LARGO — Thousands of local parishioners packed a Largo church Monday night to push government leaders to pursue ideas and programs they believe will help the community.
For two hours, leaders from Faith and Action for Strength Together, or FAST, grilled officials and politicians at the summit at First Baptist Church of Indian Rocks.
The group of about 3,000 from nearly 40 churches urged officials to improve education, create jobs, reduce crime, help people overcome addiction and assist families on the verge of foreclosure.
The gathering, called a Nehemiah Action Assembly, was much like previous summits, where officials were asked to stand in front of the crowd and answer questions with simple yes or no answers. Since its creation in 2004, FAST has routinely invited local leaders to similar forums. The group's strict tactics have drawn criticism, but FAST leaders defend their methods.
"Tension is a natural part of change," said the Rev. John Tapp of Holy Family Catholic Church in St. Petersburg. "You cannot move mountains without tension."
The way the group holds officials accountable is not painless, said the Rev. Clarence Williams of Greater Mount Zion African Methodist Episcopal Church.
"When you look at the issues in our community, I don't think there's a painless solution," Williams said.
But except for a few awkward moments, Monday's assembly went smoothly. Most leaders who attended were on board with the group's recommendations.
One of the group's key issues this year is education, according to Joe Magri of St. Cecelia Catholic Church in Clearwater. The group called for the school district to develop a plan to get 80 percent of third-graders reading at or above grade level at 20 troubled schools. Pinellas County schools deputy superintendent Jim Madden agreed to do so on behalf of Superintendent Julie Janssen.
FAST also asked county commissioners if they'd explore using Penny for Pinellas revenue for a foreclosure-prevention program. Two commissioners who attended, Karen Seel and Neil Brickfield, said yes — though Brickfield pointed out that one of the county's attorneys said the use of Penny money is strictly limited by state law and the provision does not allow for such an allocation.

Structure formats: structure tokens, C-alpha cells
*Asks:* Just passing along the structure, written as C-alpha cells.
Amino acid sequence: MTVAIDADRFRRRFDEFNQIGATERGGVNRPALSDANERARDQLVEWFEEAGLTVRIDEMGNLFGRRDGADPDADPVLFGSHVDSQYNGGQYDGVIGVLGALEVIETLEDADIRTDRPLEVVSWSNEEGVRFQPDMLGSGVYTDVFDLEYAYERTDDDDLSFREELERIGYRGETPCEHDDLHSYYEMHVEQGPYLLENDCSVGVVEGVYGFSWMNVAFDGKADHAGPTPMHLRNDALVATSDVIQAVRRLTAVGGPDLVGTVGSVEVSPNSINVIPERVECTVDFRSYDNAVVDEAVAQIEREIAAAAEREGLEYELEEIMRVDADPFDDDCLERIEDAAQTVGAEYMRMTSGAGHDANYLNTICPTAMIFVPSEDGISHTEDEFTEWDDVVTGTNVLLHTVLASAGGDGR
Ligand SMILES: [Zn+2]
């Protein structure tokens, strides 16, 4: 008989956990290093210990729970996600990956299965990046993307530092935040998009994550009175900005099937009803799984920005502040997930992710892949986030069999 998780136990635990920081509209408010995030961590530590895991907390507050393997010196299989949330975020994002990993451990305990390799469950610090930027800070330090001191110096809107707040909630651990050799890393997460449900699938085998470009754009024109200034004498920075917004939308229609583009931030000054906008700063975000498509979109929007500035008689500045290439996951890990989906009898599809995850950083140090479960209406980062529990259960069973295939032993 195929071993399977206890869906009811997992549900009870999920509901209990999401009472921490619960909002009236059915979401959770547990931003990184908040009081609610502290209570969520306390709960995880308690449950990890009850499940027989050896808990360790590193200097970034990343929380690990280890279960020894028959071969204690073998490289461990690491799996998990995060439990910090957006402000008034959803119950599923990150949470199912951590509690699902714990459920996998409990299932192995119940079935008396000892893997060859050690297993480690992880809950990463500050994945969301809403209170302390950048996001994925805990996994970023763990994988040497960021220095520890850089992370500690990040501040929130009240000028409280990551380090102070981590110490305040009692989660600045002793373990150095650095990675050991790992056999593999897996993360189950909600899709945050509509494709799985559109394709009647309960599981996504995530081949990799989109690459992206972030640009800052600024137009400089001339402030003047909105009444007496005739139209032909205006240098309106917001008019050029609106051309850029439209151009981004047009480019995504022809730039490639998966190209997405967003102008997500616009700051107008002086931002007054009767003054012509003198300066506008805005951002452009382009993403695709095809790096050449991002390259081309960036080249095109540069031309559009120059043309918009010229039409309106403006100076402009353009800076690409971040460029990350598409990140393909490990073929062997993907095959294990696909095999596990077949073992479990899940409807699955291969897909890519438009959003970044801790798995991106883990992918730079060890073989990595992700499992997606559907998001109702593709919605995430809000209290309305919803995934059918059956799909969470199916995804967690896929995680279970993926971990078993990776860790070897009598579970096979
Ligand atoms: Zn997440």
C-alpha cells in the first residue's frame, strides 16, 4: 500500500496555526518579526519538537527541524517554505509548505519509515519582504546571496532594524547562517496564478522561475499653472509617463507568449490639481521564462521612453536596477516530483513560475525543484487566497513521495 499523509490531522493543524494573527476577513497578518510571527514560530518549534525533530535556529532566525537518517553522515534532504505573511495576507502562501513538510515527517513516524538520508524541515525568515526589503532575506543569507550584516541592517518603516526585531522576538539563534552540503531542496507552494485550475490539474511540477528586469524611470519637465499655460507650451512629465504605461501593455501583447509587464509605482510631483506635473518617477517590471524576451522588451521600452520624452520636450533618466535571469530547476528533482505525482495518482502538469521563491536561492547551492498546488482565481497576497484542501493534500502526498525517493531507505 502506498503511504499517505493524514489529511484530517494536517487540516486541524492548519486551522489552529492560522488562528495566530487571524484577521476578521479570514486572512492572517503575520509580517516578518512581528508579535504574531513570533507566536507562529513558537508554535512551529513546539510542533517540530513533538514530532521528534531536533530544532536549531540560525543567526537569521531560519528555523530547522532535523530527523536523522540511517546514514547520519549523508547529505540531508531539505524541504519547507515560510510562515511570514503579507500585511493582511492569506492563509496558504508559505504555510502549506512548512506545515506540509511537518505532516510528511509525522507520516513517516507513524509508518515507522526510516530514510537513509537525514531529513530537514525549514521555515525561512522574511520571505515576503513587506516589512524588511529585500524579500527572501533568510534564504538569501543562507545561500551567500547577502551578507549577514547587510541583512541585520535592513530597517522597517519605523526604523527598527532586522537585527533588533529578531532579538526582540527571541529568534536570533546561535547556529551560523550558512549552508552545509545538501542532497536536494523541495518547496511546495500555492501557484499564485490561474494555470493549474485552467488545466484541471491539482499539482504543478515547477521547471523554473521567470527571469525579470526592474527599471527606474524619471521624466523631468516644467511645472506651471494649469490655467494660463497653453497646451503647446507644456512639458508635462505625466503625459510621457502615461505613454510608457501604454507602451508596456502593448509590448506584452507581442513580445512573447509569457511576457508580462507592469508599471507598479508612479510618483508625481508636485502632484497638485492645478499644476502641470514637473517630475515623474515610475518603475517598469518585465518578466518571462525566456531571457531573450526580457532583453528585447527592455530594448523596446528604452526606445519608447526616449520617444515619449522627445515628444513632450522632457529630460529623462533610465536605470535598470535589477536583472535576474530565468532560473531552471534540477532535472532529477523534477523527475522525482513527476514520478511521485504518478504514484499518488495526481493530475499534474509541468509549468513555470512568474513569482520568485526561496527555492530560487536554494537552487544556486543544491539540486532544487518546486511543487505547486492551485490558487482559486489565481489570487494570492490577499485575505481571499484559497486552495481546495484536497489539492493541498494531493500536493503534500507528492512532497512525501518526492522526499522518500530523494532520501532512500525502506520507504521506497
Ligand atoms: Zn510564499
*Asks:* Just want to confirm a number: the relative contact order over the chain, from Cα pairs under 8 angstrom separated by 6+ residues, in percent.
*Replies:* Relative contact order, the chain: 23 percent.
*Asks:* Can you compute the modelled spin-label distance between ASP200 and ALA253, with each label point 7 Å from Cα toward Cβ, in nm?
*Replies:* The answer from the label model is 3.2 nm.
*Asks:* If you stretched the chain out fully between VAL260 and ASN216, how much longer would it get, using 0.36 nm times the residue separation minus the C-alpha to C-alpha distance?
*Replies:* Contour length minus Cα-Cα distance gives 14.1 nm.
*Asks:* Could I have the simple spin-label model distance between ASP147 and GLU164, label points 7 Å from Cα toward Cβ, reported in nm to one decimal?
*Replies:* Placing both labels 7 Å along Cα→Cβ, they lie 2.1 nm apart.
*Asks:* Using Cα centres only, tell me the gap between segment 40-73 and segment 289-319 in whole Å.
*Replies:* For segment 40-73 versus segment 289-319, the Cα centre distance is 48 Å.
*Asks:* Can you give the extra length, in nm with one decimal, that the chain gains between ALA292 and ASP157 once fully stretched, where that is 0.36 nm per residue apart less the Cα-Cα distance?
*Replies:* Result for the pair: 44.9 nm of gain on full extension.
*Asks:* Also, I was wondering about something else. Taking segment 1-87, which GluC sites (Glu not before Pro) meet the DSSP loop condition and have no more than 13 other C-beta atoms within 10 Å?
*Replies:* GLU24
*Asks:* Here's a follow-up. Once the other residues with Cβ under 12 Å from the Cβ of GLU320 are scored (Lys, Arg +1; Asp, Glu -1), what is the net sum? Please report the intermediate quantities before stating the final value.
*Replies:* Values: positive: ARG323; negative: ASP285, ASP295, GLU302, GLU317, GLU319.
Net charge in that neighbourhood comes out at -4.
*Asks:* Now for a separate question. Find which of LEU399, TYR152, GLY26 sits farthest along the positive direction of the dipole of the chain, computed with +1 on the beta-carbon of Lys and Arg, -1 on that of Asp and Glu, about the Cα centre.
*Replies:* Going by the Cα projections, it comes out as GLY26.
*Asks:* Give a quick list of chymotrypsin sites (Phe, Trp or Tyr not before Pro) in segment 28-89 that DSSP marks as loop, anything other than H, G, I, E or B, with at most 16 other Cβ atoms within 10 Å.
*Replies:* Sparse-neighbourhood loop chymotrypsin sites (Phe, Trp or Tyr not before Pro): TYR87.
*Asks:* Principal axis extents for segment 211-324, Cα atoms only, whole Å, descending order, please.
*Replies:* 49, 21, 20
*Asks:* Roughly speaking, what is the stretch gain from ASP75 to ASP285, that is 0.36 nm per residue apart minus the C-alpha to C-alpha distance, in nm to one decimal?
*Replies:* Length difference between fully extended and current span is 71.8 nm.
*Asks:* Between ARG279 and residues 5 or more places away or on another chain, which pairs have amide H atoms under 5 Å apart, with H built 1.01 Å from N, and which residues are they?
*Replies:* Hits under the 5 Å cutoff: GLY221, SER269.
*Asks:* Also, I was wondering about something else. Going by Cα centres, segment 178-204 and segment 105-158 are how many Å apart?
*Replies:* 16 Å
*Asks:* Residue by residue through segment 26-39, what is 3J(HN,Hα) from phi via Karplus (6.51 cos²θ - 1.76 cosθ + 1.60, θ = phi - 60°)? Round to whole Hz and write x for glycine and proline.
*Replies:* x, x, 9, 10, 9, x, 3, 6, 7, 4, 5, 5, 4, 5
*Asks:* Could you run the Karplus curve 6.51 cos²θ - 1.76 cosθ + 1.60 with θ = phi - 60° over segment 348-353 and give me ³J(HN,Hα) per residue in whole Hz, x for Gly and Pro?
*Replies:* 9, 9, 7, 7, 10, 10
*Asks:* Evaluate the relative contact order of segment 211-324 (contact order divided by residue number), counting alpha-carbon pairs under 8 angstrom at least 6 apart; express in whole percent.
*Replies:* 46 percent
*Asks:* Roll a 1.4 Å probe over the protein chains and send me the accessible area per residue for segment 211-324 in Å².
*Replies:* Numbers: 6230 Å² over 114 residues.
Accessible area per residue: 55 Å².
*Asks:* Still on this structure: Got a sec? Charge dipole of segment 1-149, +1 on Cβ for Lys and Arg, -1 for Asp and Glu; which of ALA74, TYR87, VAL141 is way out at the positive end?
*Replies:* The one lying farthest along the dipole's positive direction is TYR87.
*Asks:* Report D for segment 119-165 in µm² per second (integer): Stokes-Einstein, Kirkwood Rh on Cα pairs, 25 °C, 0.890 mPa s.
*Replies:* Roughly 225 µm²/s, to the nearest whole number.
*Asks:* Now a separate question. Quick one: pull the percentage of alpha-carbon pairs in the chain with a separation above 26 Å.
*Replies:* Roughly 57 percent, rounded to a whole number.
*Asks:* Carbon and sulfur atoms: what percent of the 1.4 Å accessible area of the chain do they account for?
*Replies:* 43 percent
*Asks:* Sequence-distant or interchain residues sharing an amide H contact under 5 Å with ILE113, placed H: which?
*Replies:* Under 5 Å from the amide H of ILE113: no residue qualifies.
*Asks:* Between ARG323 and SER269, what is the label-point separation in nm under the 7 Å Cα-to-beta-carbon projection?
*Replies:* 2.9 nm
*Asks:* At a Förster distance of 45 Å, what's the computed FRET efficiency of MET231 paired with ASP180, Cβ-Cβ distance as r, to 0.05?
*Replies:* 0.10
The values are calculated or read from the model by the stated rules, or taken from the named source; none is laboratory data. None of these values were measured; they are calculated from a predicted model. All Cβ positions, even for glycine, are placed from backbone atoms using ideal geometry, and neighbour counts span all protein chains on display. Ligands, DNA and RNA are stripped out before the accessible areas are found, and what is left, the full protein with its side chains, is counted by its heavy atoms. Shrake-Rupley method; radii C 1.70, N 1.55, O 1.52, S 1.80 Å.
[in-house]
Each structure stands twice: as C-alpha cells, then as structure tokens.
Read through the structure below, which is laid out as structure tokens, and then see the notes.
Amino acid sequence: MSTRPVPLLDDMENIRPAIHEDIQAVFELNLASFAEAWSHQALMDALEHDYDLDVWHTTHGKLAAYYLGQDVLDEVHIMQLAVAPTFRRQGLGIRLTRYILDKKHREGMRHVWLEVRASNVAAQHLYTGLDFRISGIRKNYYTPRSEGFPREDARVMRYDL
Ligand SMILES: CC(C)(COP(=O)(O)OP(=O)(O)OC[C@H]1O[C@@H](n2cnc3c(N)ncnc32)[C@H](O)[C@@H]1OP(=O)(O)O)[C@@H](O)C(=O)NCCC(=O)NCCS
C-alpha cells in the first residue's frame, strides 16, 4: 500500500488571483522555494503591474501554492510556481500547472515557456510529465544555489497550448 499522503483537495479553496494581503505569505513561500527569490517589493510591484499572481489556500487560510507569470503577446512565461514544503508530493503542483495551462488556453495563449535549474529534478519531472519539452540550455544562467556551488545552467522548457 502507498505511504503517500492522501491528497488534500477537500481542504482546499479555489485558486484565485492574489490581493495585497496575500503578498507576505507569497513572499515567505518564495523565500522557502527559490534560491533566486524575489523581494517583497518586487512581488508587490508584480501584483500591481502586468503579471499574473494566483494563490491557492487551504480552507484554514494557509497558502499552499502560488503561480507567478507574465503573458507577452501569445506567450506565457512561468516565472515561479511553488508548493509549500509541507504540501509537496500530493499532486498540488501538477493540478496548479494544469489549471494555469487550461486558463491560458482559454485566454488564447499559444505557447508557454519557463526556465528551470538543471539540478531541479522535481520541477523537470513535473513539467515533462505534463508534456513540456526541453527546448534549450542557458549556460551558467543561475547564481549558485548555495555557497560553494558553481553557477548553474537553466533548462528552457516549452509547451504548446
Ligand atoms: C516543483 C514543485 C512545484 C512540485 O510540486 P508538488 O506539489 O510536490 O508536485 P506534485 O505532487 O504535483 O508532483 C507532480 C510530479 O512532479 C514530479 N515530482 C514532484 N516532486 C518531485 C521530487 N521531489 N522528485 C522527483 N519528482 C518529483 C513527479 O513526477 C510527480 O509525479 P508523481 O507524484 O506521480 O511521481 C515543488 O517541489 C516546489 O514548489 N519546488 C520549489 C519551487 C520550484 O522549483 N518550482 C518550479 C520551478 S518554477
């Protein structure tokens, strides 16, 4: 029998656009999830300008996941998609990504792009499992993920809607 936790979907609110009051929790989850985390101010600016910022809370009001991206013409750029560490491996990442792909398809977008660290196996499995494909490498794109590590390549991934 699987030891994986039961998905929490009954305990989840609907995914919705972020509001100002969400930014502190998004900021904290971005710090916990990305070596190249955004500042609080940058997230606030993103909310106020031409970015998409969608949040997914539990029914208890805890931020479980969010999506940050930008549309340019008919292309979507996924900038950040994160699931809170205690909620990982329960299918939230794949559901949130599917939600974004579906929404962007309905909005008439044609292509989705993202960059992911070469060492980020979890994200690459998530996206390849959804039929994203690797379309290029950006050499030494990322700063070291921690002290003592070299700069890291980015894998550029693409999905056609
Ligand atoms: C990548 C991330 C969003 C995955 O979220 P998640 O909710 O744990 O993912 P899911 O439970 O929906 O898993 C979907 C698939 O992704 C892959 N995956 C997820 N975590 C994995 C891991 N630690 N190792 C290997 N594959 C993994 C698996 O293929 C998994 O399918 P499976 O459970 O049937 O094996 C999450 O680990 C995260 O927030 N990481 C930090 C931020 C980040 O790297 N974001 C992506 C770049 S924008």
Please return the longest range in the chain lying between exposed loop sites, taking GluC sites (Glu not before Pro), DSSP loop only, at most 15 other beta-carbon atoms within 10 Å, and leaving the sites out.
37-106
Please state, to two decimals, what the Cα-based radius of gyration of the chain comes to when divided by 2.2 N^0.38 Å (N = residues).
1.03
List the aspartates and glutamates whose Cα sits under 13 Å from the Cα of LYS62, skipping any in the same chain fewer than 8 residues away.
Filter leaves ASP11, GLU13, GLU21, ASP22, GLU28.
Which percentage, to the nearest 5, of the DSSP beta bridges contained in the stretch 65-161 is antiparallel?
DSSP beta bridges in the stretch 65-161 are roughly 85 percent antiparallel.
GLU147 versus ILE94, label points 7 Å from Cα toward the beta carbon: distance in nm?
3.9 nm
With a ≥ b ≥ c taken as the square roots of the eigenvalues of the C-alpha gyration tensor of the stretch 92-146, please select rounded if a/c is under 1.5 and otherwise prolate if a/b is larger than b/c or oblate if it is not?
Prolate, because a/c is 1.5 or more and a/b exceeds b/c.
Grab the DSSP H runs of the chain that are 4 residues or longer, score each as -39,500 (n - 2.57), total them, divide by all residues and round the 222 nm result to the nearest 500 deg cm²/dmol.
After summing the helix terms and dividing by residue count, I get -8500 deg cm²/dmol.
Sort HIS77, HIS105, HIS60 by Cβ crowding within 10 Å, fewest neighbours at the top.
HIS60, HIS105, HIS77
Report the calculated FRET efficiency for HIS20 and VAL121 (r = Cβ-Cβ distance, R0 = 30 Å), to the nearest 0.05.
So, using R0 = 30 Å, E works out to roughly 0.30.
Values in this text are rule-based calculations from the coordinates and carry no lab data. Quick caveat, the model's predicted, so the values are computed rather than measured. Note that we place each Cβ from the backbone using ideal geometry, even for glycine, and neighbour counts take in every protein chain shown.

After group representatives said an attorney they contacted advised them differently, Brickfield said, "I'm happy to meet with any attorney but if we have two different opinions I'm going with the county attorney."
Pinellas Sheriff Jim Coats was initially hesitant about taking the reins to form a task force to find funding to restart a life skills and rehabilitation program in the jail.
"You help me form a task force and I'll work with that task force," Coats said.
But after group leaders said the ball was in his court, he agreed to initiate the process.
Jobs are also high on the group's priority list.
Three St. Petersburg City Council members — Steve Kornell, Wengay Newton, Karl Nurse — showed up to show their support for the creation of an ordinance to ensure that at least half of the jobs produced through government contracts go to county residents.
The group also voiced their concern about the need for practical and affordable training for job seekers. During the assembly, Stan Vittetoe, vice president for work force and continuing education at St. Petersburg College, announced new certificate programs at SPC.
For FAST leaders, there are few good excuses for missing the assembly. Among them: illnesses or family emergencies. They made sure to express their disappointment with local leaders who informed the group they had prior commitments.